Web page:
I cannot go back to Iran even though every cell of my body wants to be there. I feel so helpless here, and yet this is my home now. It is why I have chosen to work with my local community in the U.S. Being a former refugee, I knew I wanted to work with my refugee community and provide support where it is missing. There are resettlement agencies in the Bay area that are helping with the logistics of new arrivals, helping them get access to social services, open bank accounts, and sign up to schools. But I realized that there aren’t any organized efforts to do community-building and bring people together. This is especially important as I remember the isolation and the hardship that my family experienced when we first arrived.
Art was the solution to me because it can unite people and it allows people to enjoy themselves. That is how ARTogether was born. Before it became a nonprofit organization, it was a series of workshops that aimed to bring people together from different backgrounds for an hour of fun every month. But some groups quickly started asking for more programs, and so I formalized the organization with $2,000, which I used to pay for supplies and bring in teachers. I, alongside volunteers and interns, worked for free for almost four years until we got funding to further develop ARTogether. Our work is rooted in the knowledge that the struggles facing refugees do not end when they arrive at their destination. For many, it’s only the beginning. When you are forced to leave your country, what you miss the most is your people. It’s not the city or your house or the things that you left behind. It’s your community that you long for.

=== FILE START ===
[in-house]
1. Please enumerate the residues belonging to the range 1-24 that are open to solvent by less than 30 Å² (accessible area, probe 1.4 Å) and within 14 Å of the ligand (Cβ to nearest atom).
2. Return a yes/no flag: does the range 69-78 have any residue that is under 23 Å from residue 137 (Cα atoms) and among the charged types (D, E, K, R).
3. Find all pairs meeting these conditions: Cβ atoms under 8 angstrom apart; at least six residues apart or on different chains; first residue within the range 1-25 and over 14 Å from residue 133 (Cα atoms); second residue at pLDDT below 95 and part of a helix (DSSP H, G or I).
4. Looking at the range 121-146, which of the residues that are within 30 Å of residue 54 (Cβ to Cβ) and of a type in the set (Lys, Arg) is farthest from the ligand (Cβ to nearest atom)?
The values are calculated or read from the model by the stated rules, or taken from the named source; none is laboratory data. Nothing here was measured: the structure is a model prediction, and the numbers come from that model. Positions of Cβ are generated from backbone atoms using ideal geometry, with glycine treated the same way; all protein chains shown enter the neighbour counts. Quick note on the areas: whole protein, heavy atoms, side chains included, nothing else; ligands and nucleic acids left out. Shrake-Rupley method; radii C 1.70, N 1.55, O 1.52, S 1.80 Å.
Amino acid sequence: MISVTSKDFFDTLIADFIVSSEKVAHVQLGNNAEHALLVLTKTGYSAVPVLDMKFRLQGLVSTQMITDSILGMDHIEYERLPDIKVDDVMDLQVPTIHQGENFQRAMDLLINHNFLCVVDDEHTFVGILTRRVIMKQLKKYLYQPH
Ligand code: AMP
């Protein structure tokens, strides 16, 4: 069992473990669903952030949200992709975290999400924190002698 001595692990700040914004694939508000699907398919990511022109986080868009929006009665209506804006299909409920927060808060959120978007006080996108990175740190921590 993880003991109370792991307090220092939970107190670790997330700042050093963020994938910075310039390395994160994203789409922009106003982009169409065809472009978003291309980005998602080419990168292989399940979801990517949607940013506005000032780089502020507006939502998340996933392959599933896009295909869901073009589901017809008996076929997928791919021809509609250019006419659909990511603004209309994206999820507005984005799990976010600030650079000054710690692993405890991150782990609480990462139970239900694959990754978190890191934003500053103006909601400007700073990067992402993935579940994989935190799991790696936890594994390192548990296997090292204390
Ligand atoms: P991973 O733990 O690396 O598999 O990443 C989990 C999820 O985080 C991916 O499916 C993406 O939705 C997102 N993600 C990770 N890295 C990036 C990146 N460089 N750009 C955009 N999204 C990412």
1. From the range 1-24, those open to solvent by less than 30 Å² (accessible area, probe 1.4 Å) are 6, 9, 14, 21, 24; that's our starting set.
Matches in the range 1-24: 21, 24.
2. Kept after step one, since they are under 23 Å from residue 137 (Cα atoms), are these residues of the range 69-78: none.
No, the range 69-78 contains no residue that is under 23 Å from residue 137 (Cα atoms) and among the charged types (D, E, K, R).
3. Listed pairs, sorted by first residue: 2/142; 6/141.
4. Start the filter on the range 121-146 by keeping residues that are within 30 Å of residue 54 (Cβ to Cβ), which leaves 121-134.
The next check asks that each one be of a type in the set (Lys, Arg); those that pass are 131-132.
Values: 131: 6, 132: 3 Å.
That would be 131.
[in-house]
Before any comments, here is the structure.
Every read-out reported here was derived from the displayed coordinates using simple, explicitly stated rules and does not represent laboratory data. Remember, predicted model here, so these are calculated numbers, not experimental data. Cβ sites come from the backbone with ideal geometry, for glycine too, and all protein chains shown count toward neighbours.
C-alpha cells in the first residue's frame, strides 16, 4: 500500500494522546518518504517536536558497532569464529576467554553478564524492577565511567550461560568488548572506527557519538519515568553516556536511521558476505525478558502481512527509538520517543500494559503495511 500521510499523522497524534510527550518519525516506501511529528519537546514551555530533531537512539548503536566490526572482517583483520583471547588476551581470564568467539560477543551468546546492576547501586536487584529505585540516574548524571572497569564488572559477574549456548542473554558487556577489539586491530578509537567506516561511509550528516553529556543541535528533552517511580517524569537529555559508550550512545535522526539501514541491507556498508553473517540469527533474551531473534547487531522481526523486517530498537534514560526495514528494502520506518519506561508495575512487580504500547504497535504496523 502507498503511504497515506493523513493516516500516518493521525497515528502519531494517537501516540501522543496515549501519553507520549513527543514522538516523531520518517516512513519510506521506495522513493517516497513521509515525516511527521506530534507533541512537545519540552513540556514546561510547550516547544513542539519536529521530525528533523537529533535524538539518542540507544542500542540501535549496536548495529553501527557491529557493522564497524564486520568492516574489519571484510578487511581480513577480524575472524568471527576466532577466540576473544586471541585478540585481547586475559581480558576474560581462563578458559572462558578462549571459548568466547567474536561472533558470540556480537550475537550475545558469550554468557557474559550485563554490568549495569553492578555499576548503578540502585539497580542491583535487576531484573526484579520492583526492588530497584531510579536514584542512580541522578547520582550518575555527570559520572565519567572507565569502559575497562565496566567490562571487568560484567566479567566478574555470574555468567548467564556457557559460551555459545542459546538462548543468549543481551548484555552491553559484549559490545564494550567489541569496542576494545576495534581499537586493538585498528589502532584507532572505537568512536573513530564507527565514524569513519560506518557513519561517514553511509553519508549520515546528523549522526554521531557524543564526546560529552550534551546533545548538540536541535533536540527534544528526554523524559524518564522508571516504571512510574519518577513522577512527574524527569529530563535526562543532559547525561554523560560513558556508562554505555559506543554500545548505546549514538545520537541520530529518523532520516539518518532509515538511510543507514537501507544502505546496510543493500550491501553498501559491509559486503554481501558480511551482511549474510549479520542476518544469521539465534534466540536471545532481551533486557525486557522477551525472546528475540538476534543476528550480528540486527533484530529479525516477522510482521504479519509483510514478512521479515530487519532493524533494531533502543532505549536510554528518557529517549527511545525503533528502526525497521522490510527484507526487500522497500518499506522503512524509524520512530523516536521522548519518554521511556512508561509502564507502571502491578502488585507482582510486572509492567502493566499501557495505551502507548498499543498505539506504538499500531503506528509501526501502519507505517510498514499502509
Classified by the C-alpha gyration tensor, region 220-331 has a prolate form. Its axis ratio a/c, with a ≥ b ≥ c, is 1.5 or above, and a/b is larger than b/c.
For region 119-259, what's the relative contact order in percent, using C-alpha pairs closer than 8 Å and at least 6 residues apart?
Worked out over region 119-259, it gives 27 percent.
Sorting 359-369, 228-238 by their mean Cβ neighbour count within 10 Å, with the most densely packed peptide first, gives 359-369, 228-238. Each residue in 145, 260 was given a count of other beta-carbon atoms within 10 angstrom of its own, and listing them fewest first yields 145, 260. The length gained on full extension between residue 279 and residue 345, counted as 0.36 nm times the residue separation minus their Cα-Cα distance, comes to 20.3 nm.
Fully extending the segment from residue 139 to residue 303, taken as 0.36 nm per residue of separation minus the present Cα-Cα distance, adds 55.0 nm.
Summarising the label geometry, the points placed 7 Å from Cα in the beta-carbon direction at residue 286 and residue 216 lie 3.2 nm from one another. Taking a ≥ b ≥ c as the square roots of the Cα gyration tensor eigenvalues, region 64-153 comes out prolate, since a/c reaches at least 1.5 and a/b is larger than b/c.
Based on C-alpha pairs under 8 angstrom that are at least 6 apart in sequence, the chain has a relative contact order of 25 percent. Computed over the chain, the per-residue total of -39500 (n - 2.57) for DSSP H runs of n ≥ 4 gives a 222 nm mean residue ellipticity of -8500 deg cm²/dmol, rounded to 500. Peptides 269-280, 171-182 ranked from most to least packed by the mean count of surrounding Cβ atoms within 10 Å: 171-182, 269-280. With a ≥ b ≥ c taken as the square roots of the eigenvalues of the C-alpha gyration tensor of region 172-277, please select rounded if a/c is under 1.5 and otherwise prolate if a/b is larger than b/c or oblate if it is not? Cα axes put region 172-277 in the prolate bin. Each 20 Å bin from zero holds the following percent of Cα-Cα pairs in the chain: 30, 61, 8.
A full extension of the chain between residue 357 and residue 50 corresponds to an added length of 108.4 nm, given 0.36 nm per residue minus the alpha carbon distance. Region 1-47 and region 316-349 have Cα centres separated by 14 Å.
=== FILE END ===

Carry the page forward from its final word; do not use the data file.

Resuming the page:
I can’t think of anything more important than art, which is so often the glue of any social movement. In recent weeks, we have seen how “Baraye” by Shervin Hajipour has become the anthem of resistance for the protestors in Iran. Every time I hear that song, I start crying—no matter where I am. Chanting allows us to tap into the collective; it brings people together. And in order to bring about change—long-lasting, meaningful change—in Iran, we need unity above all else.